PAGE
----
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BobbyRobert

Center City Residential Survey Results

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Given that I have seen some debate on the nature of center city residential activity here I thought I would contribute some results from a mail survey of center city residents I completed back in November 2006. I am very interested in yall

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I think these statistics pretty much validate what I said on the other thread about who was buying here, with the one question that wasn't asked, where were you originally from?

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That all seems consistent with my own observations. I believe that many or most of the people living uptown do not work uptown. Households with two people often have at least one person working outside of downtown, and if they work in opposite directions, center city living is crucial to minimizing cumulative commute time.

My wife is a teacher, and commutes from uptown to the suburbs.

I commuted to other cities for half my time in Charlotte, yet we still chose to live uptown. Access to freeways in all directions, the airport, and nightlife were all major reasons for our choice of uptown.

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also, this being the south, i know people who live uptown and work uptown and still drive from home to work.

(having completed this survey, i'm very glad to see the results. can you tell us where and when a more complete version will be available?)

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also, this being the south, i know people who live uptown and work uptown and still drive from home to work.

(having completed this survey, i'm very glad to see the results. can you tell us where and when a more complete version will be available?)

I hope to have a complete version of all the results complete by early October. I will post a link to the final report here as soon as it is available.

Thanks for taking the time to participate!

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Anyone who lives centrally Uptown and also drives to work Uptown needs to be put in the UrbanPlanet Hall of Shame...if we had one :lol:

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Anyone who lives centrally Uptown and also drives to work Uptown needs to be put in the UrbanPlanet Hall of Shame...if we had one :lol:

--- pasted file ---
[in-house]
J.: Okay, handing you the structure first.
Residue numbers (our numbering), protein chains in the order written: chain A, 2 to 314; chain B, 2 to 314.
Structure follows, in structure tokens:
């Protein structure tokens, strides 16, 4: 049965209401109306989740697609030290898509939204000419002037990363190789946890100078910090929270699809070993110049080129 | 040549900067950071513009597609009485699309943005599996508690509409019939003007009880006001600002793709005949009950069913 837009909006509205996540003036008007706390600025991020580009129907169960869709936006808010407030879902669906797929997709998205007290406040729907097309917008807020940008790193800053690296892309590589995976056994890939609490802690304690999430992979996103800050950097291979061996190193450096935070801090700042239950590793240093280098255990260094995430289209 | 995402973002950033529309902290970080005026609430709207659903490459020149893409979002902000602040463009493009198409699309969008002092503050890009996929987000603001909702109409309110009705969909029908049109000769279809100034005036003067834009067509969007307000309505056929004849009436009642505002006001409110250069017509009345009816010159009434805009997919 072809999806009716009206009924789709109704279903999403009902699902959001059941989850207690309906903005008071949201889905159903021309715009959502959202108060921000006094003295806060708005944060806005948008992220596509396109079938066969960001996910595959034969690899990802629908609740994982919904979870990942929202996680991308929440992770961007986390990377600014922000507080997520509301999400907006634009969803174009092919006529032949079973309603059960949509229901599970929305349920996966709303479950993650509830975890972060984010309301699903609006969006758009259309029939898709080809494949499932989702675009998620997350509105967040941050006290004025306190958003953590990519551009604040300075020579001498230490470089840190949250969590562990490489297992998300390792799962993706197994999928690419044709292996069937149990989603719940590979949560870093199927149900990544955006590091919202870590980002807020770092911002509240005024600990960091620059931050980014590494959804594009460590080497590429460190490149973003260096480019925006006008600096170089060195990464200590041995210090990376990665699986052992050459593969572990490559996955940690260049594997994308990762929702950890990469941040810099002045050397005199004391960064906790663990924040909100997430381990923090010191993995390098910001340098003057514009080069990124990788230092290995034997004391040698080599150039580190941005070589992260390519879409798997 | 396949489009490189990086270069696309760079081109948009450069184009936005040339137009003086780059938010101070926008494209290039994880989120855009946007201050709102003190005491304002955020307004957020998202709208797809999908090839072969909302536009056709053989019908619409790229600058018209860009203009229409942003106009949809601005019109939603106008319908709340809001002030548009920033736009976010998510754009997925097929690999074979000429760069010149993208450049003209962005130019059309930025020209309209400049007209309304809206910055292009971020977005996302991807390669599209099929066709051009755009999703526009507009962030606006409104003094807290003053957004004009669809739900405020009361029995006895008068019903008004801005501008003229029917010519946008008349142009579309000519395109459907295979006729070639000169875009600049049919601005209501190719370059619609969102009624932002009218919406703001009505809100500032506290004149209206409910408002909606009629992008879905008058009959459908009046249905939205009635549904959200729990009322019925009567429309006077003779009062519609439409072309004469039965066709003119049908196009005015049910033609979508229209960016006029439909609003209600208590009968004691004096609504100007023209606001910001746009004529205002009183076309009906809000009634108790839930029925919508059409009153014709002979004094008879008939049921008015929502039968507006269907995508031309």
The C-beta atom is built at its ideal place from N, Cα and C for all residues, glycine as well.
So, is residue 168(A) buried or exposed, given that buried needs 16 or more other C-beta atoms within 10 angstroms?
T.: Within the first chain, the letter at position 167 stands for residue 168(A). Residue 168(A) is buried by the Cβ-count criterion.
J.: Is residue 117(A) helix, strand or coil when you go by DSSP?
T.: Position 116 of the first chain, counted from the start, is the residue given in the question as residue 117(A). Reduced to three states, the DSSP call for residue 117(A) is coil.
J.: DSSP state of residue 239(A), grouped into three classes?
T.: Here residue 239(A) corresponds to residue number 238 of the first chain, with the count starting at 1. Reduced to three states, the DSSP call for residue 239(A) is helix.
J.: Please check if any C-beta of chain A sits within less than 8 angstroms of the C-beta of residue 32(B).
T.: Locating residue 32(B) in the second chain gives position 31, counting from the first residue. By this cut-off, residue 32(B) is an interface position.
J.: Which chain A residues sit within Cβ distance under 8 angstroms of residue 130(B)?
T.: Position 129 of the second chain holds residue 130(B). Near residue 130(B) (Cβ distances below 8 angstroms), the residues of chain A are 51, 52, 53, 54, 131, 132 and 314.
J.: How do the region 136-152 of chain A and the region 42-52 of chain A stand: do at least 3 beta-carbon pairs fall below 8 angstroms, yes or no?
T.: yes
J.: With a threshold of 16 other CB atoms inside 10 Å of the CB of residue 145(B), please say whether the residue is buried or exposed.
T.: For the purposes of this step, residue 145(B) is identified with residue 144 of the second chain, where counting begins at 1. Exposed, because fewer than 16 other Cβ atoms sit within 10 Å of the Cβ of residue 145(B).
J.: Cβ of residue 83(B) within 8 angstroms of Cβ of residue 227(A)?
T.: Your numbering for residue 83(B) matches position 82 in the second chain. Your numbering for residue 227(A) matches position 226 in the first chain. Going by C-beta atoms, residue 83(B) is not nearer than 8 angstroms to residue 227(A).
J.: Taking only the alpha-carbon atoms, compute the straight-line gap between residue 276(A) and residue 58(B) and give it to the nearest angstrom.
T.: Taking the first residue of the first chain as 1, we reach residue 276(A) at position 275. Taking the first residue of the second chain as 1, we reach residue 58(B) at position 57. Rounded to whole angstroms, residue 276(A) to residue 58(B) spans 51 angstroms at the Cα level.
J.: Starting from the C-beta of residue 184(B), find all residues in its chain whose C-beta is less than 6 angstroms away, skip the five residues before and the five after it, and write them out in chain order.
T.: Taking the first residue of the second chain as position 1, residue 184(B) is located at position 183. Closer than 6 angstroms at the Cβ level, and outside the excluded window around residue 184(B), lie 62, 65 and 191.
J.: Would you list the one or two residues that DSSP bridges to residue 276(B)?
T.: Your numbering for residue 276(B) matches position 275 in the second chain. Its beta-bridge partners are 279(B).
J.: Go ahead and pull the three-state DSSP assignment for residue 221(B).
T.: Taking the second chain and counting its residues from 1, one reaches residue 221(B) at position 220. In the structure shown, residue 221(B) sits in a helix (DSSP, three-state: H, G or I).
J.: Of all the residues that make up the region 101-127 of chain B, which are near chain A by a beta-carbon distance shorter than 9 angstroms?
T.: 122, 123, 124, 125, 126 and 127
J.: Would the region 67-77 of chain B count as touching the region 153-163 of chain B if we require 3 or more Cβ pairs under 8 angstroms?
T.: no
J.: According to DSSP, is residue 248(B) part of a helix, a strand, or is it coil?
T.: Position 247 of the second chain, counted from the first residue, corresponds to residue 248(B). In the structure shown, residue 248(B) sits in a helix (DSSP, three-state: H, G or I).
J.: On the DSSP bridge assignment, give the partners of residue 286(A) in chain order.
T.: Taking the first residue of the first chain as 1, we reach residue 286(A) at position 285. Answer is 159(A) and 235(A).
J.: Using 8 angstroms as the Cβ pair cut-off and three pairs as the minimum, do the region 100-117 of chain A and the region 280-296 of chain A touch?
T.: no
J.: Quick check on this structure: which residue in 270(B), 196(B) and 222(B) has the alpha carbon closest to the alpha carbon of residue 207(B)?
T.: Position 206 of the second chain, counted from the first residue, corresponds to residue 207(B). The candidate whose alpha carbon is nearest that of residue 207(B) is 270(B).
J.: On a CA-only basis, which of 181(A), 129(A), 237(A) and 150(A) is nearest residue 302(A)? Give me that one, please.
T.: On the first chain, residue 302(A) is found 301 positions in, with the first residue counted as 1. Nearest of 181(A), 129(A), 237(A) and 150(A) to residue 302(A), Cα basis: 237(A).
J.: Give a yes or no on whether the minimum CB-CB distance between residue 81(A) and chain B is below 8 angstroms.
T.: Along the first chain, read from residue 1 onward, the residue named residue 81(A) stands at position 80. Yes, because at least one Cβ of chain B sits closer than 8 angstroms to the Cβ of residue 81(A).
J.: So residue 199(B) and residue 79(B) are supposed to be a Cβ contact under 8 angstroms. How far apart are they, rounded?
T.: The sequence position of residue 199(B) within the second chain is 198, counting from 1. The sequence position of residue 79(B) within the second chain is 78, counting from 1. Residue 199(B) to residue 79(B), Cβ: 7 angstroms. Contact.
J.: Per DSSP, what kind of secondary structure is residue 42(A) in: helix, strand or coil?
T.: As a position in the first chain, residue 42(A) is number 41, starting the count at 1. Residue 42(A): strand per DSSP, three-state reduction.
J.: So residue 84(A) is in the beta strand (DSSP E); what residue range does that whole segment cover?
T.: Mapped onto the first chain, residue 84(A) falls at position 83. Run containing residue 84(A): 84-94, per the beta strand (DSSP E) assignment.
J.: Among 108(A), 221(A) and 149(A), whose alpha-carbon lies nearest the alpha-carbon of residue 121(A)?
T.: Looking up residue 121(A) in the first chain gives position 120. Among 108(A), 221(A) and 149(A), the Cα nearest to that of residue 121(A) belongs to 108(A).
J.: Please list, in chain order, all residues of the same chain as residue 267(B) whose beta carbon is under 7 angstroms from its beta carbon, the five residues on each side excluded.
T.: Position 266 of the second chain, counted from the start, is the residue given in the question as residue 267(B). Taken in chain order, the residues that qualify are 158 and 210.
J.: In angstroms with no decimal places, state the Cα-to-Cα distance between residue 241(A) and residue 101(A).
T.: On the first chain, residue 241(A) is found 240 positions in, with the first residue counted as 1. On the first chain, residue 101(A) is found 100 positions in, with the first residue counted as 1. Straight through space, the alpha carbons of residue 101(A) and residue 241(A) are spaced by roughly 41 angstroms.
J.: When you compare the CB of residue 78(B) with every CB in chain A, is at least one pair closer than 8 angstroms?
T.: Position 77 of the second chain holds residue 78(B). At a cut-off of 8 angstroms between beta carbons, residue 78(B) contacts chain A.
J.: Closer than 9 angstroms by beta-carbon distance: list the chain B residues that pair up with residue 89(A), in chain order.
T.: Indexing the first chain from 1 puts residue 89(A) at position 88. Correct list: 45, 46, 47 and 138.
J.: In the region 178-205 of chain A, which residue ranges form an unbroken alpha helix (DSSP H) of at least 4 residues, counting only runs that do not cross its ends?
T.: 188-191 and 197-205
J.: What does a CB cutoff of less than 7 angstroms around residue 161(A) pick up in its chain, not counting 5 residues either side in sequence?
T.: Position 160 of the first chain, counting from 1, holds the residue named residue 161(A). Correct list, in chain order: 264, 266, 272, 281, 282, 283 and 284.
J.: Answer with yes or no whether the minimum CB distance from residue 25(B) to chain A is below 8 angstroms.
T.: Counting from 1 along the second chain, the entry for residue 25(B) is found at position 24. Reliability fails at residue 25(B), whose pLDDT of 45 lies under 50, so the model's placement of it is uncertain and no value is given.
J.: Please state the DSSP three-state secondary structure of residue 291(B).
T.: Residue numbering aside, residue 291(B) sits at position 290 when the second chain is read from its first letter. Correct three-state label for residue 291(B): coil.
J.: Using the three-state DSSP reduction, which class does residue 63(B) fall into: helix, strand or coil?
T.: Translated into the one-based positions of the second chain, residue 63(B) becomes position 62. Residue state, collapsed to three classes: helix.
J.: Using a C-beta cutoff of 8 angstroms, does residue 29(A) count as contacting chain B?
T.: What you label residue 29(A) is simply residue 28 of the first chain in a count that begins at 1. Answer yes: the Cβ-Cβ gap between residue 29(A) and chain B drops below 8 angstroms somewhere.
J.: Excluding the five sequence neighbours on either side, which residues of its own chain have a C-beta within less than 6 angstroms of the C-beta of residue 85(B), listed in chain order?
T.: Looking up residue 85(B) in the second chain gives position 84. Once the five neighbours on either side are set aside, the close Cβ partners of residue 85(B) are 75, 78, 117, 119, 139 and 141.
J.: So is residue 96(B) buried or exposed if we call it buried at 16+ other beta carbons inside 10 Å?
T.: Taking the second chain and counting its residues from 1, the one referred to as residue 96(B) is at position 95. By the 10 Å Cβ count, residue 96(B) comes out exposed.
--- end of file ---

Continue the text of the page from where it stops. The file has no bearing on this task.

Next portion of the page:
I did when living in the furthest corner of First Ward. All it took was walking 1.25 miles in a dark suit with a large case full of legal documents when it is 90 degrees outside to change my mind. I do walk from Courtside now, though, but it is much closer.

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Considering that only got 16% of those surveyed actually responded, I don't know how any conclusions can be drawn from this survey. It would be scientifically incorrect to assume the other 84% had the same demographics and responses. We absolutely know the 84% is different enough from the 16% to not bother with a response.

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With the possible exception of the US Census, isn't every survey/poll a sampling of the general population? I don't think this is meant to be scientific in any way, but the general results seem believable enough to me. How could we assume that the 84% is so radically different?

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while I agree that the results of the mail survey cannot be interpreted with 'scientific certanty' (a standard that implies 100% replicability) it is impossible to survey any population with a 100% response rate. The census attempts to do this but they do not even come close. A 16% response rate is actually considered to be 'OK' in social science since typical survey response rates range from 5-25%. While response rates can be increased with strategies such as paying respondents or sending grad students door to door these strategies tend to skew results as well.

My purpose here is not to be defensive but to learn. Given that I'll ask, what is a sufficient response rate to consider a survey of a diverse group of urban residents valid? Are there better ways to gather data on the behavior of urban residents? (observation, secondary data etc.) I am not married to a particular method but I need to get a clear (and frequently updated) picture of who center city residents are. In the opinion of this board, what is the best way to do this?

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I think the response rates for political polls are a lot worse than 16%, iirc, and those are at least in the ballpark (if not right on the nose). Response rates can also be low for those doing market research for business, but decisions are still made based on the results because there's no better alternative. Turbocraig, the other 84% could be radicallly different (look up "selection bias" if you're curious about the topic), but aren't necessarily. Their responses could differ on every single question, or just on one of them. Personally, I think this survey has some valid info in it.

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